Saturday, June 18, 2011

Blessed Are Those Who Hunger And Thirst After Righteousness – SOTM #8

Almost everything we long for is beyond our individual reach. Not always unattainable, but almost always attainable only with the assistance of someone else. We want to be loved but there must be someone to love us. We want prosperity but in our economy our prosperity depends upon the generosity of someone else, or our ability to exploit the prosperity of others. We want health but if we don’t have it we can only hope for its return or seek those who can heal us. We want pleasure but, if it is not to become narcissistic, pleasure depends upon being shared with others. It is difficult to think of anything the human heart desires that it can obtain, unassisted, for itself.

Except righteousness. Jesus said, in the Sermon on the mount, that those who hungered for, and thirsted for righteousness would be filled. I suppose an argument can be made that Jesus was referring to the righteousness that is obtained only through faith in Christ but I don’t think, in this instance, he had that in mind. The Sermon on the Mount is a practical statement about life in the kingdom in which his disciples live, the kingdom of heaven. It is most certainly true that all our righteousness is incapable of making us worthy to stand in the presence of a holy God. For that standing, we depend upon the righteousness of Christ. But Jesus was talking about everyday right living; standing before our fellow beings, having a right attitude, speaking right words, desiring right things, standing for right causes, being “as we should be.” And that righteousness, Jesus declares, is obtainable to those who want it intensely.

And who would not want righteousness? Well, honestly, most of us. It is one of those things we would like all others around us to have – to be. But we gladly and generously make exceptions for ourselves. Agonizing over the unrighteousness of our world is not the same thing as hungering and thirsting to BE righteous. Jesus has already told us that those who mourn over the unrighteousness of the world will be comforted. Here, in this beatitude, he is telling us that citizens of the kingdom of heaven value righteousness enough to desire it for themselves.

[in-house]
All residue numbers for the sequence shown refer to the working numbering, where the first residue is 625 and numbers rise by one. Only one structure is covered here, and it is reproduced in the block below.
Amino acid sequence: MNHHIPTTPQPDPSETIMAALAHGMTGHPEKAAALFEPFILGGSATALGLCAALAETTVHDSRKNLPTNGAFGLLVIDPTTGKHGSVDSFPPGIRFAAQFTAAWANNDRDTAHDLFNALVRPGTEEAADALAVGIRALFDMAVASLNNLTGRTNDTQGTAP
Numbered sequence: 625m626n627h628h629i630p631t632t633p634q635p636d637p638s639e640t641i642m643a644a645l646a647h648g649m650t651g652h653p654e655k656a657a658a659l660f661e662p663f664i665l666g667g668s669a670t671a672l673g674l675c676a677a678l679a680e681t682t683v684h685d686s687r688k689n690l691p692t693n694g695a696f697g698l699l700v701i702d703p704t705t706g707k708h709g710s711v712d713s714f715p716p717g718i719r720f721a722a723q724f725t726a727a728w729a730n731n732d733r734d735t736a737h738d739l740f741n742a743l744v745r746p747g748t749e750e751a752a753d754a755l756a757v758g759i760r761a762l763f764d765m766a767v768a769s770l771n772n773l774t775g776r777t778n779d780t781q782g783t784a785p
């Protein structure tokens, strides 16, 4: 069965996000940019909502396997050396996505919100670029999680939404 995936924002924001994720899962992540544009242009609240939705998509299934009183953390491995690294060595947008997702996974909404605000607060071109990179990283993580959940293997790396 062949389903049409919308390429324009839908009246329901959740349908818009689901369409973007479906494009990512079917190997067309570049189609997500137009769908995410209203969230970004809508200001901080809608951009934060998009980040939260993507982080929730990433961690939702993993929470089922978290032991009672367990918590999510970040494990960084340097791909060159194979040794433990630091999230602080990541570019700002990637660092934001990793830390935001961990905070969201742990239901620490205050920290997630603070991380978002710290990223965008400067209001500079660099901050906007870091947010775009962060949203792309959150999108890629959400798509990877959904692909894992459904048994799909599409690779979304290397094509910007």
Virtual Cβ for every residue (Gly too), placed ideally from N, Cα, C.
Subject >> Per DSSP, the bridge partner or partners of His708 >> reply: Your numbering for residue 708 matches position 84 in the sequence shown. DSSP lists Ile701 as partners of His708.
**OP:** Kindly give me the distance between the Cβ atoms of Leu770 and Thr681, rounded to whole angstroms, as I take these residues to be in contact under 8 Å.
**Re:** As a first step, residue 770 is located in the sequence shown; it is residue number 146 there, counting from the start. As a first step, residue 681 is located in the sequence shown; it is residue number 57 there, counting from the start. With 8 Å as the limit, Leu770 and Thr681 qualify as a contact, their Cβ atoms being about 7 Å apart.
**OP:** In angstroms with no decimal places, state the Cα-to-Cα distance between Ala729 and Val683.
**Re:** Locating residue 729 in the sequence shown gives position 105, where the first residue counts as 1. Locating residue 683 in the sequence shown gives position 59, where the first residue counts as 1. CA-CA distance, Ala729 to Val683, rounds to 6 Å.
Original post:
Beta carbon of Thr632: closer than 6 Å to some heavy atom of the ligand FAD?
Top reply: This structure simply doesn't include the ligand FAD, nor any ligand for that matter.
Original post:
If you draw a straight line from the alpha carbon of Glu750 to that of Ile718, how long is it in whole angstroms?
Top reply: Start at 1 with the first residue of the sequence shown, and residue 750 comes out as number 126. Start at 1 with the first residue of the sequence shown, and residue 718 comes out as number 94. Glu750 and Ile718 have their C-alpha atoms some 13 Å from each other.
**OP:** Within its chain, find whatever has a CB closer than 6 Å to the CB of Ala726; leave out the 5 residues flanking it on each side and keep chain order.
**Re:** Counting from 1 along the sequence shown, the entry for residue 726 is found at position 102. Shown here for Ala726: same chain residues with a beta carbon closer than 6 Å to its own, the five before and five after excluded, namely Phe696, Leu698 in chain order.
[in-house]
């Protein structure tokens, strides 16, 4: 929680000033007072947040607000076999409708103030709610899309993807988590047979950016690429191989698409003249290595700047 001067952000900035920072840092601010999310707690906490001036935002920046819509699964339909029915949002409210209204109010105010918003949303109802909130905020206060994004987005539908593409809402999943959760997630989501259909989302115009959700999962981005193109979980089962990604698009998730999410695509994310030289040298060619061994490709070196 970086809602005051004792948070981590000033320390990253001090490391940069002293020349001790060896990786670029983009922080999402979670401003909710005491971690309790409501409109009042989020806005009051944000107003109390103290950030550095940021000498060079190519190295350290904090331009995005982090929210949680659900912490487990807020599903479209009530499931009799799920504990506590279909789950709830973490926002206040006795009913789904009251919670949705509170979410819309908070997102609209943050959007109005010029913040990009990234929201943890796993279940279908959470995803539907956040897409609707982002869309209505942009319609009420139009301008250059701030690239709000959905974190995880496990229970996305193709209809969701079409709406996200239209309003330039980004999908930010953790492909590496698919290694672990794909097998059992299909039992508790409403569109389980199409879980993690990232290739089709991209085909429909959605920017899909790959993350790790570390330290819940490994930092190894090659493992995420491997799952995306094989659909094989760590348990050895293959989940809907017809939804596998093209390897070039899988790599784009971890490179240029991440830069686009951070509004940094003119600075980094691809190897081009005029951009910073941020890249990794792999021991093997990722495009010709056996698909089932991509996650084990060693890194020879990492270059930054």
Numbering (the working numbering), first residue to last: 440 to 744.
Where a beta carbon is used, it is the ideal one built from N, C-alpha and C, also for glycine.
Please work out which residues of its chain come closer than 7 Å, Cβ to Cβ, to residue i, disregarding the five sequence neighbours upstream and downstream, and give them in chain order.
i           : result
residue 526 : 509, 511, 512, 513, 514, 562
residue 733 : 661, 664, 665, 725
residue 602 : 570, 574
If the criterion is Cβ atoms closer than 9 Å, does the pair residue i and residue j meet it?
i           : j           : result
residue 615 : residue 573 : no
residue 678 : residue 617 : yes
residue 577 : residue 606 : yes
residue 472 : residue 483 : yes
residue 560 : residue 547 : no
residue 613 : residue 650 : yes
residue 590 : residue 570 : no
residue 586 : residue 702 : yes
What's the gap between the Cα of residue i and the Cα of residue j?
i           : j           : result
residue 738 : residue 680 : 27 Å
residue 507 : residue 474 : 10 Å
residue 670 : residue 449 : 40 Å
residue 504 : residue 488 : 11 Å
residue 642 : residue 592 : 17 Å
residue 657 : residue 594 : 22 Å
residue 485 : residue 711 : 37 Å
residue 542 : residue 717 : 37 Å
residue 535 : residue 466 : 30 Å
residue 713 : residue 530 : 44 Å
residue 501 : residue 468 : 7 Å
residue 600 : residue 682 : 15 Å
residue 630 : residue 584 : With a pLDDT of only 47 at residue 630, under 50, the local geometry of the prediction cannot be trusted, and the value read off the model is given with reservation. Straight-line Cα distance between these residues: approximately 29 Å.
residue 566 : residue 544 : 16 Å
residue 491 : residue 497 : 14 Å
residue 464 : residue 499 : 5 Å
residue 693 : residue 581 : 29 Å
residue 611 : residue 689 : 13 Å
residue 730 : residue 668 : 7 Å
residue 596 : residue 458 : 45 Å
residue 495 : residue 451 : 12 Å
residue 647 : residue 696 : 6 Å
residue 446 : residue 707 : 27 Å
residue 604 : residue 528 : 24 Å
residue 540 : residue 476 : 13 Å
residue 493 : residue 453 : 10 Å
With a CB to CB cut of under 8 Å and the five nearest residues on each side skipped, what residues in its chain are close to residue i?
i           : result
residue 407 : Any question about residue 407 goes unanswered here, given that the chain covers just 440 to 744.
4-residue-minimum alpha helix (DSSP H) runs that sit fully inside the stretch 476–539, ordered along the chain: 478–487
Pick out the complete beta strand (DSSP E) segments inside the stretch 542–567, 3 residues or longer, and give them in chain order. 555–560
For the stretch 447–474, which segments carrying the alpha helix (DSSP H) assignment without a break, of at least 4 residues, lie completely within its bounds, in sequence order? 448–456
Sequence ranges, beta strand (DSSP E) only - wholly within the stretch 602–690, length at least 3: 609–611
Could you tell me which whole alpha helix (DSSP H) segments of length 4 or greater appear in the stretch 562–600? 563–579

When is the last time we heard anyone say, “Oh, more than anything else, I want to be fair, kind, generous, truthful, non-judgmental; I want it so badly that I can taste it!” We can be any or all of them simply by not being unfair, unkind, ungenerous, untruthful, or judgmental. It takes action by no one other than ourselves. In fact the actions of others – either persuasive or coercive – are impotent to make us be “as we should be” if we choose not to be so. We become righteous (as we should be) by ceasing to be unrighteous (as we should not be). But, human nature being what it is, we do not naturally, or easily come by the desire to be “as we should be.”

God has graciously taken care of our inability to be, even at our best, righteous in God’s sight. Through faith in Christ we can stand before God clothed in the righteousness of Christ. But it is God’s desire that we live, in this life – in the kingdom of heaven – “as we should.” How intensely do you desire to do that? Those who “hunger and thirst” to be “as they should be” can learn to “love mercy, do justly, and walk humbly before God.”

So let it be, Lord. Your kingdom come, your will be done, on earth, as it is in heaven.

No comments:

Post a Comment

Please feel free to leave a comment. Comments are moderated and will appear as soon as possible after posting. Follow these steps:
1. Write your comment
2. Select a profile
(Anonymous or Name works best)
3. Select Preview
4. Sign word verification
5. Select Post Comment